One of my favorite televisions shows growing up was The Basil Brush Show. A Saturday evening puppet show featuring comedy sketches, musical numbers and – my favorite part – “story time,” where the straight man co-star, Mr. Derek, would attempt to read a story while Basil made constant interruptions.
Basil and Mr. Derek enjoyed such a wonderful repartee that it was easy to believe that Basil wasn’t a puppet at all! It took a good actor to pull off such camaraderie with a puppet, and Derek Fowlds was just that – an excellent actor, who played the straight man roles to perfection.
While I knew and appreciated “Mr. Derek” along with most other telly-watching kids in the early 1970s, the 1980s found Fowlds appealing to a whole new generation as Bernard Woollery in Yes, Minister and Yes, Prime Minister.
Fowlds, died at Royal United Hospital in Bath on January 17th at the age of 82. He was preceded in death by his fellow original Yes, Minister stars, Sir Nigel Hawthorne and Paul Eddington.
After the success of Yes, Minister, the 1990s found Fowlds playing a very different character, when he appeared as a crotchety police sergeant in the Yorkshire based police series, Heartbeat. The show ran for 18 years and Fowlds was one of only two actors that stayed with the program from its first episode in 1992 until its last in 2010. By all accounts Fowlds’ role of Oscar Blaketon couldn’t have been more different to his real-life persona.
You couldn't have met a nicer person ever," said his assistant Helen Bennett, who added, "He was the most beloved man to everybody who ever met him, he never had a bad word to say about anybody and he was so well respected, adored by everyone."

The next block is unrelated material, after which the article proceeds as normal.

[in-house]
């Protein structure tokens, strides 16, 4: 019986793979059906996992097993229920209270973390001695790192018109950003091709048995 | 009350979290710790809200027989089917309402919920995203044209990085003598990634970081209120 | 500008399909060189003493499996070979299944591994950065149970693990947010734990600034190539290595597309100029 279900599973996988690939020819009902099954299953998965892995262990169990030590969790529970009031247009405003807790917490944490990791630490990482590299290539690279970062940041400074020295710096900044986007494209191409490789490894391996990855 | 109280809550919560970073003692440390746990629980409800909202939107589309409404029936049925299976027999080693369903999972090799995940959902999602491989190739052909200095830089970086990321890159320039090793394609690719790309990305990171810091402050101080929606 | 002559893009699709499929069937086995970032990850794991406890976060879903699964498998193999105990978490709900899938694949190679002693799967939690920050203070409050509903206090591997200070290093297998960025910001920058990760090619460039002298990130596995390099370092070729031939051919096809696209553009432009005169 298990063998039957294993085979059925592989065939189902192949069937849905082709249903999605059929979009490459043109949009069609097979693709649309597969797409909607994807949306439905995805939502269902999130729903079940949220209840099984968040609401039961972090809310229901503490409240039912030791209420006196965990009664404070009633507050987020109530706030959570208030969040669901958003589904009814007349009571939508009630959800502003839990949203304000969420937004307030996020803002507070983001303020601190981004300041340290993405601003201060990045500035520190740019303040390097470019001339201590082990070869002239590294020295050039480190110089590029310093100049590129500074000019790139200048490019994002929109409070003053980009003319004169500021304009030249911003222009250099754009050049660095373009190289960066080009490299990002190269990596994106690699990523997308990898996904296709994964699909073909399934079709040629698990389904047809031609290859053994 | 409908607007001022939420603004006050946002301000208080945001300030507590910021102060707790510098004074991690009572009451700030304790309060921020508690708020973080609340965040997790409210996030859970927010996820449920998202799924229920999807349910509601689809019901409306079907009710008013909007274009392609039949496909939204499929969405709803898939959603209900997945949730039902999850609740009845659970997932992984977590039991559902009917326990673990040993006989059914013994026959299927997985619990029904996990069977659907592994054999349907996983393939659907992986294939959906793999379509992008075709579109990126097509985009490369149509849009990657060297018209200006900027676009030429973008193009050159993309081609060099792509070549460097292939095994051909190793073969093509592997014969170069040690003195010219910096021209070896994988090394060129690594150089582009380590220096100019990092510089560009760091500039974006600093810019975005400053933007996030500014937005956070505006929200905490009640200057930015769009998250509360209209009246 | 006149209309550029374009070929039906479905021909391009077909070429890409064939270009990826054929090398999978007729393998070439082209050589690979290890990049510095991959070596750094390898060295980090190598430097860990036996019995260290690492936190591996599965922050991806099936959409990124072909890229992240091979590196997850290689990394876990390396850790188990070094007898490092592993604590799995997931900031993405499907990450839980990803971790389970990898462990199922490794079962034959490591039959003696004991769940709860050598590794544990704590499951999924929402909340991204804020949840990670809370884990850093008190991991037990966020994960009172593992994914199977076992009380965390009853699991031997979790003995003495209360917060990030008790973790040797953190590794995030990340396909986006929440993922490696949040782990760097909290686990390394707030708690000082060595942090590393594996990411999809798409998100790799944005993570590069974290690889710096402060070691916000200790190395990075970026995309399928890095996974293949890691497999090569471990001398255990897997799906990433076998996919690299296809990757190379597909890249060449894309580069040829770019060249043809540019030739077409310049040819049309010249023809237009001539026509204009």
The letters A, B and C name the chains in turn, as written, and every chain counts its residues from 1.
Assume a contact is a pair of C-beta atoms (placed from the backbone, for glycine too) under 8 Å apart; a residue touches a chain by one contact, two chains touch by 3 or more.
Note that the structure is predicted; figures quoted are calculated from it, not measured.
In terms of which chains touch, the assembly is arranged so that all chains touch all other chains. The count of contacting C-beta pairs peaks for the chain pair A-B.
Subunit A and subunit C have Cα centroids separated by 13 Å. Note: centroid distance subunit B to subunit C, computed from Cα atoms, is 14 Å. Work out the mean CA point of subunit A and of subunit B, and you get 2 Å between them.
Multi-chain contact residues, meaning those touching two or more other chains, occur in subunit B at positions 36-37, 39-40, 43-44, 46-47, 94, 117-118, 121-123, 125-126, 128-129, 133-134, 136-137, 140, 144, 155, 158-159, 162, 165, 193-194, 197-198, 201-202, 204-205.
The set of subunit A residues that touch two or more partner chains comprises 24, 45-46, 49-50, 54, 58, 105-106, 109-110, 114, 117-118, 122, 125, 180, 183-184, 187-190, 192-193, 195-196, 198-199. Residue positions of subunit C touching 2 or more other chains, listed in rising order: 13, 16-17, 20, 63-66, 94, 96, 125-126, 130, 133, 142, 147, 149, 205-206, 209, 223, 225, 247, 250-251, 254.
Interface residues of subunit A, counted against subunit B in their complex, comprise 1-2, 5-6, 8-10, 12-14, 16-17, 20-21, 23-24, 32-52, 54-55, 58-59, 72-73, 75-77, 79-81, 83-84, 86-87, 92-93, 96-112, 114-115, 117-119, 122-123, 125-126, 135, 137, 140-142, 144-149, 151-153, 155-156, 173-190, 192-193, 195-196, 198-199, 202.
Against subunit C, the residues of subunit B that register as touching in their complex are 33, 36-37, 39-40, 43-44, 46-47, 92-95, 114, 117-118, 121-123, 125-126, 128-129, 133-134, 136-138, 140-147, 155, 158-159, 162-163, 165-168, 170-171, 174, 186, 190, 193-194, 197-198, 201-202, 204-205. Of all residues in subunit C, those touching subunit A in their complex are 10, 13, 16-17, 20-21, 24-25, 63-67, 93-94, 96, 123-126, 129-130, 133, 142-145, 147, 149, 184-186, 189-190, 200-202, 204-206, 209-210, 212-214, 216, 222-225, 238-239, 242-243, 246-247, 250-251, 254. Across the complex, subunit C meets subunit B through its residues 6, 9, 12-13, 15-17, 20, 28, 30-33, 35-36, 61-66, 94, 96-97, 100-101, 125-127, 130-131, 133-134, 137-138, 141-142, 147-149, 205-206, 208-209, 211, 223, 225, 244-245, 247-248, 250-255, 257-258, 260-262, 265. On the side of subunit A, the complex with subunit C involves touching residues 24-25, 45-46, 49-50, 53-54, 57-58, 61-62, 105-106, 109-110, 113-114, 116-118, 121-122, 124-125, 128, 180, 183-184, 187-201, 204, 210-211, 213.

Fowlds grew up in Hertfordshire, where he’d moved to from south London, with his mother and sister at the age of three, following the death of his father. He left school at the age of 15, but by then he had already caught the acting bug. So, while working as an apprentice at a printers, he also performed with a local amateur dramatic society. After completing his National Service in the RAF as a wireless operator, Fowlds won a scholarship to train at the Royal Academy of Dramatic Arts in London.
On graduating from RADA in 1960, Fowlds began his career as a professional actor. Since that time, until his last television appearance in 2017, not a year went by that Fowlds didn’t appear on television, albeit to start with in small roles. He made his West End debut in 1961 in The Miracle Worker and in 1963 appeared on Broadway in a play called Chips With Everything.
Fowlds’ first marriage was to the daughter of Sir Geofroy Tory, the British Ambassador to Ireland. The couple divorced in 1973 after 9 years. His second marriage was to a popular children’s television presenter, Leslie Judd. The couple separated after a year. Fowlds’ partner of 36 years, Jo Lindsay, died in 2012. Fowlds is survived by his two sons Jeremy and Jamie.